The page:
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Tesla stock targets slashed across Wall Street after earnings miss


In the wake of Tesla (NASDAQ:TSLA)’s earnings report after the close on Tuesday, which fell short of analyst expectations, Wall Street is witnessing a downward revision in stock targets for the electric vehicle giant. The post-earnings period has prompted a reevaluation of Tesla’s performance and outlook, leading to a shift in sentiment among investors and analysts alike. 

Tesla earnings breakdown

Tesla (NASDAQ: TSLA) reported first-quarter EPS of $0.45, $0.04 worse than the analyst estimate of $0.49. Revenue for the quarter was $21.3 billion versus the consensus estimate of $22.27 billion.

Despite the earnings and revenue miss, Tesla shares are up more than 11% premarket Wednesday, trading above the $161 per share mark. 

The EV maker’s announcement that it was speeding up the launch of a new model overshadowed its results, boosting the stock price in the process.  

Despite investor concerns and reports that the EV maker could scrap plans for a cheaper EV, Tesla touted the launch of new models.

“We have updated our future vehicle line-up to accelerate the launch of new models ahead of our previously communicated start of production in the second half of 2025,” the company said.

Analysts cut Tesla stock targets

Reacting to the earnings release, analysts at UBS cut their price target for Tesla to $147 from $160 per share, maintaining a Neutral rating on the stock. The investment bank said “1Q24 auto GM ex-credits at 16.4% was much better than expected, aided by lower raw materials and Full Self-Driving (FSD) recognition.”

“Further, TSLA took the ultimate bear case off the table as there is a new, lower-cost product

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Coming,” added UBS. “However, increasingly, TSLA is a play on autonomy, and while progress is being made, we are cautious on near-term viability. In our view, this conversation will get somewhat tabled until 8/8 robo-taxi day.”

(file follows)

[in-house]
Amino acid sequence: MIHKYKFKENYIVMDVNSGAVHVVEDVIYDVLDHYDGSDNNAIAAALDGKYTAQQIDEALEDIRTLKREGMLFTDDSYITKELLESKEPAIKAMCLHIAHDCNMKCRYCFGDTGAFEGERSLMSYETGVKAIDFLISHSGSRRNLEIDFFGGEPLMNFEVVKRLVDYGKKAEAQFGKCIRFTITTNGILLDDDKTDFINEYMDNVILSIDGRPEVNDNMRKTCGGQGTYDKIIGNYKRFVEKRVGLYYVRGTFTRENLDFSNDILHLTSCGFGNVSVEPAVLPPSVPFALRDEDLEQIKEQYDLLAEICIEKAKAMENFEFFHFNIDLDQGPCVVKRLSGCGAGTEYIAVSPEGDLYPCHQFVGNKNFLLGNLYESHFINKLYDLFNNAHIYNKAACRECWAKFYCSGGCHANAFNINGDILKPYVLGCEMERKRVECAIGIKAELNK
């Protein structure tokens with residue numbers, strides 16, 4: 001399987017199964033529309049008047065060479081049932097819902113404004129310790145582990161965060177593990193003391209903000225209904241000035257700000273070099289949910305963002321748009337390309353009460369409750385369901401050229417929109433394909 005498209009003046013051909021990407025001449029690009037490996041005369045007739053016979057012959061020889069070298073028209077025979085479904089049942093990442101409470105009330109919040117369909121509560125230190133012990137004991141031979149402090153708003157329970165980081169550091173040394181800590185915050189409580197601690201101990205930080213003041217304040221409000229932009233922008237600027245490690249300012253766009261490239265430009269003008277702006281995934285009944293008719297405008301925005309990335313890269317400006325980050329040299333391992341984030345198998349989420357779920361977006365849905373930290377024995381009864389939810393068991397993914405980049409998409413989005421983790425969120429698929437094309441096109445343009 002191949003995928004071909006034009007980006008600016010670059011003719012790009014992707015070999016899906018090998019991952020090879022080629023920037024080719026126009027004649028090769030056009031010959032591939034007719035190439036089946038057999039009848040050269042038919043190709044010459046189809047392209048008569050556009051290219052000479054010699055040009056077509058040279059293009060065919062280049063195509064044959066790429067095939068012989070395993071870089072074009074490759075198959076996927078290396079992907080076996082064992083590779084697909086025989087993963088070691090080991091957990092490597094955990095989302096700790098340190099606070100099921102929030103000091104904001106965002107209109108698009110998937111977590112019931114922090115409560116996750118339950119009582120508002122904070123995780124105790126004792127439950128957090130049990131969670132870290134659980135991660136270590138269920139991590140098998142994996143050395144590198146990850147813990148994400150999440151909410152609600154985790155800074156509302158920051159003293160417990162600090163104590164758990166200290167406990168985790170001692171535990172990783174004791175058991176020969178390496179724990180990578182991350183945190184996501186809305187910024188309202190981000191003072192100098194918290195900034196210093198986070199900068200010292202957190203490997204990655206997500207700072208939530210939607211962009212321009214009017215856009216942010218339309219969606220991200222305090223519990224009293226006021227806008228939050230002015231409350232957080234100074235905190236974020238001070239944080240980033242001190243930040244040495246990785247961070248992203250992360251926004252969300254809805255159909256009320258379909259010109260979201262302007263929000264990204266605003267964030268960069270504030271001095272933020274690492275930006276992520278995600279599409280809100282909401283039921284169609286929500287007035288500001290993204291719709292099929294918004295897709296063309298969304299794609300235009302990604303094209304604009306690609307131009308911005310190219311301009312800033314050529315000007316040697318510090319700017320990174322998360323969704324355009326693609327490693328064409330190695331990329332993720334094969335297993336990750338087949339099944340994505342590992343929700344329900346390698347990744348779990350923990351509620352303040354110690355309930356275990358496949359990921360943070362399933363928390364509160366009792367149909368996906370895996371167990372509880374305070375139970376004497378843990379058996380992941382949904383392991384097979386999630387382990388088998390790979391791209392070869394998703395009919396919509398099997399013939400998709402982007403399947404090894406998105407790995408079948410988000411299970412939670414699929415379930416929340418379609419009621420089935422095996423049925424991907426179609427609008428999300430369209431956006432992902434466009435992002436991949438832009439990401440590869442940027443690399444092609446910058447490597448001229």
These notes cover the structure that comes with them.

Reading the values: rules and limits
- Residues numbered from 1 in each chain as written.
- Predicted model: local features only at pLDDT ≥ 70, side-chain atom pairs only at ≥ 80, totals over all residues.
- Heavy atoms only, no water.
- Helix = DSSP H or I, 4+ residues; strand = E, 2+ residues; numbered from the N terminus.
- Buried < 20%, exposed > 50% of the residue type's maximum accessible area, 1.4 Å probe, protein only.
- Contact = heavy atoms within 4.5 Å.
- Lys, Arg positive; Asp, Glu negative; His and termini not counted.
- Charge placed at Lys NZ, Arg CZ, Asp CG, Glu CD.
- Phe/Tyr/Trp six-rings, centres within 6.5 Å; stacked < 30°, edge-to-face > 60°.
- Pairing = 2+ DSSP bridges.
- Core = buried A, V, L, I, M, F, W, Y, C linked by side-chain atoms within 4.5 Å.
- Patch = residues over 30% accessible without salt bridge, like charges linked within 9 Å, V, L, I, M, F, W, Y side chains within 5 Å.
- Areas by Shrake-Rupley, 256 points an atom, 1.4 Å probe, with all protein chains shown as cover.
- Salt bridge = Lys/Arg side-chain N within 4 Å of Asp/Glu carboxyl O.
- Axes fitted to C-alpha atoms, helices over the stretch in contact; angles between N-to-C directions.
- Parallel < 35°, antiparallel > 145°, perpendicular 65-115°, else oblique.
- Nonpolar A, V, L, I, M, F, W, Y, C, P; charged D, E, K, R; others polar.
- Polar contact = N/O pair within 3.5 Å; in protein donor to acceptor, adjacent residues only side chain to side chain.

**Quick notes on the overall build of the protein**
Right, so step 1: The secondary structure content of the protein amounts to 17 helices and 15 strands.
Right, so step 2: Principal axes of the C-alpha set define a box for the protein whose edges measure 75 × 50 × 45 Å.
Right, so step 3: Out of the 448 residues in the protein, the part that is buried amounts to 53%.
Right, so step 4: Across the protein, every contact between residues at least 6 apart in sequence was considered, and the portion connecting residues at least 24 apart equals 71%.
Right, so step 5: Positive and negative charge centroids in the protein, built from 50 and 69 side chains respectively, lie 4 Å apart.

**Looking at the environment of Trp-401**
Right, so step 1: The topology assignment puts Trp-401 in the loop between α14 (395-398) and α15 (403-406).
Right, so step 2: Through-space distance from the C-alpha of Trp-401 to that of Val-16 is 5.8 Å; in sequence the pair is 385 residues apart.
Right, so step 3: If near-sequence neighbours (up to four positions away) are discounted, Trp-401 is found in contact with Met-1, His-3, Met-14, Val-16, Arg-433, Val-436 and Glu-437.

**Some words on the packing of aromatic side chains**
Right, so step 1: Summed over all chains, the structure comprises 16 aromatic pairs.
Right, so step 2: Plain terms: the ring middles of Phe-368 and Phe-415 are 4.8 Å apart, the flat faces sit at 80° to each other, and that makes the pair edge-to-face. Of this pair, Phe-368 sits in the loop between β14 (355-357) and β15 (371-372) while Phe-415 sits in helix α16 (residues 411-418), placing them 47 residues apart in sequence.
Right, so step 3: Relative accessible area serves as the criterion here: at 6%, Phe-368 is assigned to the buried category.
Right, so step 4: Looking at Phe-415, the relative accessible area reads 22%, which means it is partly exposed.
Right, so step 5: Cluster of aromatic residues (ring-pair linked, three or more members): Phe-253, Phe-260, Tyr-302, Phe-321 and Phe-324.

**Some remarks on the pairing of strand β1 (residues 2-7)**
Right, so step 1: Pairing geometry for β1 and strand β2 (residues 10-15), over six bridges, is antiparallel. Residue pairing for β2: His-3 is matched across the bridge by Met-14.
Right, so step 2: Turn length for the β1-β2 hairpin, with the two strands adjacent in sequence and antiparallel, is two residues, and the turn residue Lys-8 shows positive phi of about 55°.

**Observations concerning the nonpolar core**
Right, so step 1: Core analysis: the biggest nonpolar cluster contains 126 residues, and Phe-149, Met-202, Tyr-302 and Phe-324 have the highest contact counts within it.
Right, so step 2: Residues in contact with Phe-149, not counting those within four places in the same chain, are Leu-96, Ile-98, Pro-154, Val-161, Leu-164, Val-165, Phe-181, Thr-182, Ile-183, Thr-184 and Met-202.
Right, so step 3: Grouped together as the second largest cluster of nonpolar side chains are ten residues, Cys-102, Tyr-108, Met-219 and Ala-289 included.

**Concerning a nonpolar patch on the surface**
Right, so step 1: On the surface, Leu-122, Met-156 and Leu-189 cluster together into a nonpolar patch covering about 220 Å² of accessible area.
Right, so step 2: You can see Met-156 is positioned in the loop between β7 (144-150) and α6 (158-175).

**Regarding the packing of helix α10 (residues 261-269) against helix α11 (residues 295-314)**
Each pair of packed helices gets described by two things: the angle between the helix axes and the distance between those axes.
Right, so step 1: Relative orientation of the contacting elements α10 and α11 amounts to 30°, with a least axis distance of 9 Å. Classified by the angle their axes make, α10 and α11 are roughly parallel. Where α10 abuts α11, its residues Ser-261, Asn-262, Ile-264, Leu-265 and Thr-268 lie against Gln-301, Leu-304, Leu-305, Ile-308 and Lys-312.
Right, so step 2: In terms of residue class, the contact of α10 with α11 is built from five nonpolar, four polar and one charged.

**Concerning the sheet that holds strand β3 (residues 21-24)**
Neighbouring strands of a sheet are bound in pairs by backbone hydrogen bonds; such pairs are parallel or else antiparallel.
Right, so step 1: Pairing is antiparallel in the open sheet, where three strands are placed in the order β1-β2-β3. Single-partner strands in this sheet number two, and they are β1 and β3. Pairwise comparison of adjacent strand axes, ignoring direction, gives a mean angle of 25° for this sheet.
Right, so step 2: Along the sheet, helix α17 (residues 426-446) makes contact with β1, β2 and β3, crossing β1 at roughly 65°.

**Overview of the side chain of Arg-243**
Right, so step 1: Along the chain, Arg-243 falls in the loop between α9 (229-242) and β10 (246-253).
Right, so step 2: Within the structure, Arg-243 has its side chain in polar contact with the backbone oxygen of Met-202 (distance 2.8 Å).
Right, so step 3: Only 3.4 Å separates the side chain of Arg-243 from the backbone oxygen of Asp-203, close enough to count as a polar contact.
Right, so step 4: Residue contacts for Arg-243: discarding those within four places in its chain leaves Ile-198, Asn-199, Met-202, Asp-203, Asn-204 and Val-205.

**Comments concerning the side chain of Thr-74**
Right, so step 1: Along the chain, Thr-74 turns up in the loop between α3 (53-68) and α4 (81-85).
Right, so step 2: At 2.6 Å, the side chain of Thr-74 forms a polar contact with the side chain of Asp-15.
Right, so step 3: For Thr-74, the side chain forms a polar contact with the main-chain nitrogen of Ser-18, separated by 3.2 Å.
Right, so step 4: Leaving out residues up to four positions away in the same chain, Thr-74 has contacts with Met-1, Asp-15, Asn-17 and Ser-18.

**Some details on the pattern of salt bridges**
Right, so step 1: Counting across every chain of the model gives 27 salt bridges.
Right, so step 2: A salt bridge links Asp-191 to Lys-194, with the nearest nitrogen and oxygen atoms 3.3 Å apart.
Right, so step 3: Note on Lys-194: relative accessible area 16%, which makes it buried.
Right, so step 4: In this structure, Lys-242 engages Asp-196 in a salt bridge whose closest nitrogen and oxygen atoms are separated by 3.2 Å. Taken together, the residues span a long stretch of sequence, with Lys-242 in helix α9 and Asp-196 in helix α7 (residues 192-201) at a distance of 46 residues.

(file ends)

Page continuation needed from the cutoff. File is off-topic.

Meanwhile, analysts at Canaccord cut their Tesla price target to $220 from $234, but the firm held its Buy rating on the stock. 

“New, fuller information from management helped to at least partially solidify both the near-term and longer-term earnings trajectories of the firm — that had been so muddied over the last few weeks,” said Canaccord.

They noted that demand has been weaker in the near term, but management still expects to grow units in 2024. In addition, for the long term, the firm said that there has been a change to the next-gen vehicle rollout. Importantly, they learned that the cancellation of a next-gen, low-cost, non-Robotaxi vehicle “was merely a half-truth.”

Truist cut its Tesla price target to $162 from $176, keeping a Hold rating on the stock.

“TSLA’s Q1 result was modestly below consensus, but messaging around new auto products and improving AI developments were distinctly positive surprises, likely smoothing performance between the prior growth wave (3/Y ramp) and the next growth wave (next-gen vehicle ramp),” said Truist.

“Offsetting this, we highlight elevated risks: a big recent price cut, significant recent management dislocations, and the overhang from CEO Musk’s compensation package dispute, which collectively make it difficult for us to turn more optimistic.”

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